Since the dawn of time, our earliest ancestors held true to the belief that there is a God, a figure who watches over us, seeks to guide us down the path of righteousness, and in all manners of grace, exists as the source of all that is good. This God is recognised and held in reverence the world over. All faiths seek the same goal, fulfilment, whether it be through faith and works, meditation, or a series of lifetimes, we are united in our commonality. Each faith gives God a different face, a different actuality to explain Him in terms understandable to the society and culture that that faith was born in. For this reason, Christianity maintains certain elements of ancient Syraic culture, despite being largely centred today in Europe and the Americas rather than the Middle East. This is also the reason why certain traditions within faiths, such as Catholicism or Orthodox Christianity, adhere to complex cosmologies that are denied by elements of Protestant Christianity, such as saints, and angels.
Our understanding of God has evolved over an extended period of time, in concurrence with our evolution as a species. For this reason, the Old Testament belief in an at times wrathful God does not have quite the same meaning in our modern beliefs. A species is like a person in that as it distances itself from that initial spark of creation, it gains wisdom, maturing into something beautiful in grace. We are born with beauty, a beauty marked by our infantile innocence, by our awe at all that we see, by our curiosity and creativity. As children, we allow our imaginations to run wild, creating fantasies that rival and spawn the greatest fantasies ever known. In my own childhood, the stories that my parents would read to me as I went to bed filled my dreams with imaginative epics not all that dissimilar, if perhaps at times less eloquently stated, than the Arthurian romances of Chrétien de Troyes, or the tales of Tolkien’s Middle Earth.
As we grow older, for some that imagination begins to wain in power for others it remains steadfast in its intensity, ferocious in its fire, but blissful in the beauty of the worlds it creates. I have never had the fire of my imagination doused, at times to my annoyance. However, this blessing allows me to see the world in a fresh manner, unknown to many of my fellows, and at times perplexing to those who I often work with on academic papers. God is a part of our history, our past, our present, and our future. His earliest mercies are remembered in the poetry and songs that have been passed down to us in the present in the form of myths and legends. For this reason, I do not see it fitting to discount such works as lacking the credit needed for use in academia. In such stories, such myths, we see God through the cultural contexts, through the eyes of our forbearers. As children, we gain our first understandings of God through such stories, through the Bible, which begins with a great compendium of myth, namely the first few chapters of Genesis, telling of Creation, of a Great Flood, and those earliest times of human existence. These myths allow us to glimpse how the ancient peoples of Israel understood God, and how they saw His works in their world.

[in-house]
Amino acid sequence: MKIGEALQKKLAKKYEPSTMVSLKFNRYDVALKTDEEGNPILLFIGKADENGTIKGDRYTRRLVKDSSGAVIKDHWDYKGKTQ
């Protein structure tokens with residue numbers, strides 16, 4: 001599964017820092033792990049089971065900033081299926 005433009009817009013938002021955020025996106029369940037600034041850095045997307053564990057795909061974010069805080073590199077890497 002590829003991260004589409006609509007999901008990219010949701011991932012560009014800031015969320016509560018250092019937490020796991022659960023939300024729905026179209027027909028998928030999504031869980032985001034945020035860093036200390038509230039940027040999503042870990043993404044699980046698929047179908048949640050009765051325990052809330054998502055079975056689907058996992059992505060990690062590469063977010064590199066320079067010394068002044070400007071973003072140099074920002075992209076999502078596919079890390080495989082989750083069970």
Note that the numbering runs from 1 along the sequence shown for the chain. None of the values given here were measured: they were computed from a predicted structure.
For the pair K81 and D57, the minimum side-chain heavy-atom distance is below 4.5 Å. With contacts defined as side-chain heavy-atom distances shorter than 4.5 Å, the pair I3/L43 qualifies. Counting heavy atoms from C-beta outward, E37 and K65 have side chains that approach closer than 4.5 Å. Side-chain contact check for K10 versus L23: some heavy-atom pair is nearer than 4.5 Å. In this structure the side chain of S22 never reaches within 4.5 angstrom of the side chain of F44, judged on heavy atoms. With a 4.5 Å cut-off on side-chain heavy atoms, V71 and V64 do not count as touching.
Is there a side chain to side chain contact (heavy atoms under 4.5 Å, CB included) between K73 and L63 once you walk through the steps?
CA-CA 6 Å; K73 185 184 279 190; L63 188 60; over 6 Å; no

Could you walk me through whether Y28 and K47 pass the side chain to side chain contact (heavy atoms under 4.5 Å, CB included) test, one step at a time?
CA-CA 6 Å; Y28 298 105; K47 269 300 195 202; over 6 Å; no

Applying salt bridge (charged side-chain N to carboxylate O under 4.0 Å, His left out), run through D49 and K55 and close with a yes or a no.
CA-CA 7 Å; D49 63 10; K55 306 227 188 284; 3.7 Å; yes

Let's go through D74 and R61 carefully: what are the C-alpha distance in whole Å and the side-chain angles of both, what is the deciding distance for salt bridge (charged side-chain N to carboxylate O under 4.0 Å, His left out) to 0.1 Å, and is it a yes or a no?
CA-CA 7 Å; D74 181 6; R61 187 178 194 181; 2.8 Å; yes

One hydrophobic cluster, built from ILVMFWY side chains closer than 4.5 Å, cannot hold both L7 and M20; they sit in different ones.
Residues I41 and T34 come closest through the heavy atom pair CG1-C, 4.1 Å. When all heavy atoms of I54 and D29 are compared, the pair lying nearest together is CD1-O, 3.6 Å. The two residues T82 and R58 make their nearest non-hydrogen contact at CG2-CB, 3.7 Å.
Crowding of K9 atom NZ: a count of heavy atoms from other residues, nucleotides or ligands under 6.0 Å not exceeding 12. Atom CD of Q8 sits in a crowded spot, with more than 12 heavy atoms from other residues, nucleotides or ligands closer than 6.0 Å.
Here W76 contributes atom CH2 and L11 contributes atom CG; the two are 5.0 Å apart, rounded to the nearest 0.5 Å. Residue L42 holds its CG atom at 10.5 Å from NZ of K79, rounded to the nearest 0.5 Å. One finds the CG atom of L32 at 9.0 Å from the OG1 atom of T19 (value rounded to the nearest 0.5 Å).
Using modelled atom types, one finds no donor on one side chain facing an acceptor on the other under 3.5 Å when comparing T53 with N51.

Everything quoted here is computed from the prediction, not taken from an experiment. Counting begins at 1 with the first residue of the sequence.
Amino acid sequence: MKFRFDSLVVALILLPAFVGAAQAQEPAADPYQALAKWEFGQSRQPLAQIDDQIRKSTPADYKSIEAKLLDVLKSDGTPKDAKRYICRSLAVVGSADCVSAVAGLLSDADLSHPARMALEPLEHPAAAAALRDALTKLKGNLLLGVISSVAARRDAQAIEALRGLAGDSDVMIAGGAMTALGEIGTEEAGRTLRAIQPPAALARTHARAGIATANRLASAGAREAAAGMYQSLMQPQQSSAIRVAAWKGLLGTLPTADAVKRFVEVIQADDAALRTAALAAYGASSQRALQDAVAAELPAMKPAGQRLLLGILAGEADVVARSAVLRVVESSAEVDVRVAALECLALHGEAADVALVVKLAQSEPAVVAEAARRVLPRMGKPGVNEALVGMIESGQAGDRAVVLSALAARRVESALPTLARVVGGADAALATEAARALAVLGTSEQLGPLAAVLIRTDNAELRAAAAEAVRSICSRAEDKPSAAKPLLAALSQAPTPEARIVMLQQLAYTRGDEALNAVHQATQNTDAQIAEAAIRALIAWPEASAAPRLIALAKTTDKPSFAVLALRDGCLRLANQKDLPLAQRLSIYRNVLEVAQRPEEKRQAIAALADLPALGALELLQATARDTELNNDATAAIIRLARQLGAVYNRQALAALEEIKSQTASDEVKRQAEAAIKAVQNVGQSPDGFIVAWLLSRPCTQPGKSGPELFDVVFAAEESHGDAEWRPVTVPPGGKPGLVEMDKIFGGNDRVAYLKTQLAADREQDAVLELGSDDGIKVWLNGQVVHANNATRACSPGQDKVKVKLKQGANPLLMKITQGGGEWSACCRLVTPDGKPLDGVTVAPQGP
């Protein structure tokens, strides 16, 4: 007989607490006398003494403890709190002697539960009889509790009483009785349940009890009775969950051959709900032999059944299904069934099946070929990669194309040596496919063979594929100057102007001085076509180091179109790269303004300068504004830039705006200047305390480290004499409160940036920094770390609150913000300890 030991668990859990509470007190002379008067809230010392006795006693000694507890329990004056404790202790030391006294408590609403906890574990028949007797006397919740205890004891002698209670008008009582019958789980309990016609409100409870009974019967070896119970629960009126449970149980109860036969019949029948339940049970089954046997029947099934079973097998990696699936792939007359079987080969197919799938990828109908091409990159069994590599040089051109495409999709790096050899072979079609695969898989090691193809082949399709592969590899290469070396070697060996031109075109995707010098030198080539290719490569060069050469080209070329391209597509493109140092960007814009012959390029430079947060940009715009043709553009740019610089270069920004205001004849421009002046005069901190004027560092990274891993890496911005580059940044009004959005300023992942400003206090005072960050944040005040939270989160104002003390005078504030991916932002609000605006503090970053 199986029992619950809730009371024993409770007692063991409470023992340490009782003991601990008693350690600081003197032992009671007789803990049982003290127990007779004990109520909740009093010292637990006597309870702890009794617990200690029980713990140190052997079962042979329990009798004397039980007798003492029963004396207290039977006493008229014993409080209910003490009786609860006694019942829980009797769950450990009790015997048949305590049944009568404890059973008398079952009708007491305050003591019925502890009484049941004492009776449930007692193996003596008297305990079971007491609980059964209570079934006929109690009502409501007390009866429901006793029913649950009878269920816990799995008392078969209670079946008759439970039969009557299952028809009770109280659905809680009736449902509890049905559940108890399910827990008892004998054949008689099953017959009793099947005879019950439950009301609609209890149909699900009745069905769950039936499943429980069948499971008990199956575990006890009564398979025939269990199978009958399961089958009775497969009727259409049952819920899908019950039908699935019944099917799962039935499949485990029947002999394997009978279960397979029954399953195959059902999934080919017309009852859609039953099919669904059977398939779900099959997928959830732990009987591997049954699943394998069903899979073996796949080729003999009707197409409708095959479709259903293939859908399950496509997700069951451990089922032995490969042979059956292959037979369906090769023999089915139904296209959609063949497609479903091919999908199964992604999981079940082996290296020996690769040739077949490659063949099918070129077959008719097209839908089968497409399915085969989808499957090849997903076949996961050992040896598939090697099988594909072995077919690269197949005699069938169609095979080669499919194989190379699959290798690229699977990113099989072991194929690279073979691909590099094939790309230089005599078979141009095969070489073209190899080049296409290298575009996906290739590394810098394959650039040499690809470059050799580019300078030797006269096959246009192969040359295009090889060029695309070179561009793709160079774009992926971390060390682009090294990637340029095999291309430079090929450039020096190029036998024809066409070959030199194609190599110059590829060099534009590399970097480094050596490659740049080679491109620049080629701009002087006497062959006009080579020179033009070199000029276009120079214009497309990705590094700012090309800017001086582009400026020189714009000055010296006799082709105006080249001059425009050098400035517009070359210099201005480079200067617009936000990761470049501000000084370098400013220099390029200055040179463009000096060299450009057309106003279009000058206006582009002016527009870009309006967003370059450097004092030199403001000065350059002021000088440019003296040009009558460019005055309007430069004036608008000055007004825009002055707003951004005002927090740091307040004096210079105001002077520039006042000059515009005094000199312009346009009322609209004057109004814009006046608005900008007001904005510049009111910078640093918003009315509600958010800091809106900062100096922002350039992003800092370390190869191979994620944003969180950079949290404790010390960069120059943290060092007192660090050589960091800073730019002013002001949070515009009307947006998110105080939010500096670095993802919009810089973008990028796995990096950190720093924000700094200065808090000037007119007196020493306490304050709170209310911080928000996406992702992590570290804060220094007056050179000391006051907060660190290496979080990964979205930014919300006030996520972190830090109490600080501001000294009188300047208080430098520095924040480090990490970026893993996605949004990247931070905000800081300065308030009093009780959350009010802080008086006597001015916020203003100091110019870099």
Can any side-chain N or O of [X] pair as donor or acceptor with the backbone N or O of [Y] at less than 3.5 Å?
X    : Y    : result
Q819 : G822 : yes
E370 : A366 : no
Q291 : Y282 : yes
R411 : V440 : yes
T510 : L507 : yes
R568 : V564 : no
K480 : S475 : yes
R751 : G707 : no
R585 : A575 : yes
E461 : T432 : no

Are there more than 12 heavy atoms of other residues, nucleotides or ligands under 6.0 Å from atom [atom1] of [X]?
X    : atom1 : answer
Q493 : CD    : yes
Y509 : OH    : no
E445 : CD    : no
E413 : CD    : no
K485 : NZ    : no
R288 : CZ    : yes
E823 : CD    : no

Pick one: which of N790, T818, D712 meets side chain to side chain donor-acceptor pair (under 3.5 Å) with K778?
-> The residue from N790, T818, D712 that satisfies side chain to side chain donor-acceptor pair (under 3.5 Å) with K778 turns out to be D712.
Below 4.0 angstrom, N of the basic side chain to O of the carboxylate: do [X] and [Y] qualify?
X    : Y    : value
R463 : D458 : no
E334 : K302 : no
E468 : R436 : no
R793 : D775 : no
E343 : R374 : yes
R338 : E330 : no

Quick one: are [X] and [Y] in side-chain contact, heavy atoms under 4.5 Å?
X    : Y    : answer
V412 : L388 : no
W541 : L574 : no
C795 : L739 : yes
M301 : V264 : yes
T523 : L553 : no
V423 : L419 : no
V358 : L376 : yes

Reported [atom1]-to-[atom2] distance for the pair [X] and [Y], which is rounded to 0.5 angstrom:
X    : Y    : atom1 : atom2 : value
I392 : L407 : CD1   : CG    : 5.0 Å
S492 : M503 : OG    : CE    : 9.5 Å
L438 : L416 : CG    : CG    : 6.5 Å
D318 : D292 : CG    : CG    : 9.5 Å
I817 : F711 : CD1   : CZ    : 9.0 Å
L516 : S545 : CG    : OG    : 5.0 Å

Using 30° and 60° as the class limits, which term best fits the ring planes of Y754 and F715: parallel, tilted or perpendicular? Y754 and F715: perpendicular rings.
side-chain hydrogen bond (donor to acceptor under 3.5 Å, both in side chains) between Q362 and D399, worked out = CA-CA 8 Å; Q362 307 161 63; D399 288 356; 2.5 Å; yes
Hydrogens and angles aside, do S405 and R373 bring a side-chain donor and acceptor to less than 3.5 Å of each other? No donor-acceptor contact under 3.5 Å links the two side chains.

God himself does not evolve, rather we, his Creation evolve. This continual renewal and change is one of the greatest graces we could ever receive, as it allows for the Cosmos to remain ever fresh and new, constantly mending the weaknesses, and recycling that which has died back into producing new life. This Evolutionary theory, presented in Darwin’s On the Origin of Species is not only the source for much studied today in the area of Biology, but also a testament to God’s Grace, to the Father’s Love for His children. By giving us this opportunity to refresh and rejuvenate ourselves, God gives us the opportunity to clean our persons and our world of the sins that are brought about by our youth.
In this regard, Sin is not of God’s doing, but our own. God did not create evil, rather, as God is good, He created only that which is good, including our free will. It is through this free will that evil came into the world, for we elected to use our freedom not for the good but for ill. Therefore, as the authors of sin, we have the opportunity to clear it off the page, not by striking it out with ink, but through the healing power of God’s love in the graces of the Holy Spirit through two of the Sacraments, the Eucharist, and Reconciliation. In these blessings, we allow for Christ’s Body and Blood to enter into our own, in the supreme act of deference and love for our Creator. However, this alone does not act as a shield to defend us from foul choices, rather we must admit our faults and ask forgiveness of God and ourselves. We cannot hope to go to God for aid without first accepting that we ourselves are at fault for our problems, acknowledging that through love of God we can be freed the terror of darkness. Through the Sacrament of Confession, we allow the fires of the Holy Spirit to embrace us, and burn away the sins of our acts, just as in Baptism we allow the Holy Waters to wash away the Original Sin of our fathers, as Western Christianity puts it. As Blessed John Paul II said, “We are not the sum of our weaknesses and failures; we are the sum of our Father’s love for us.”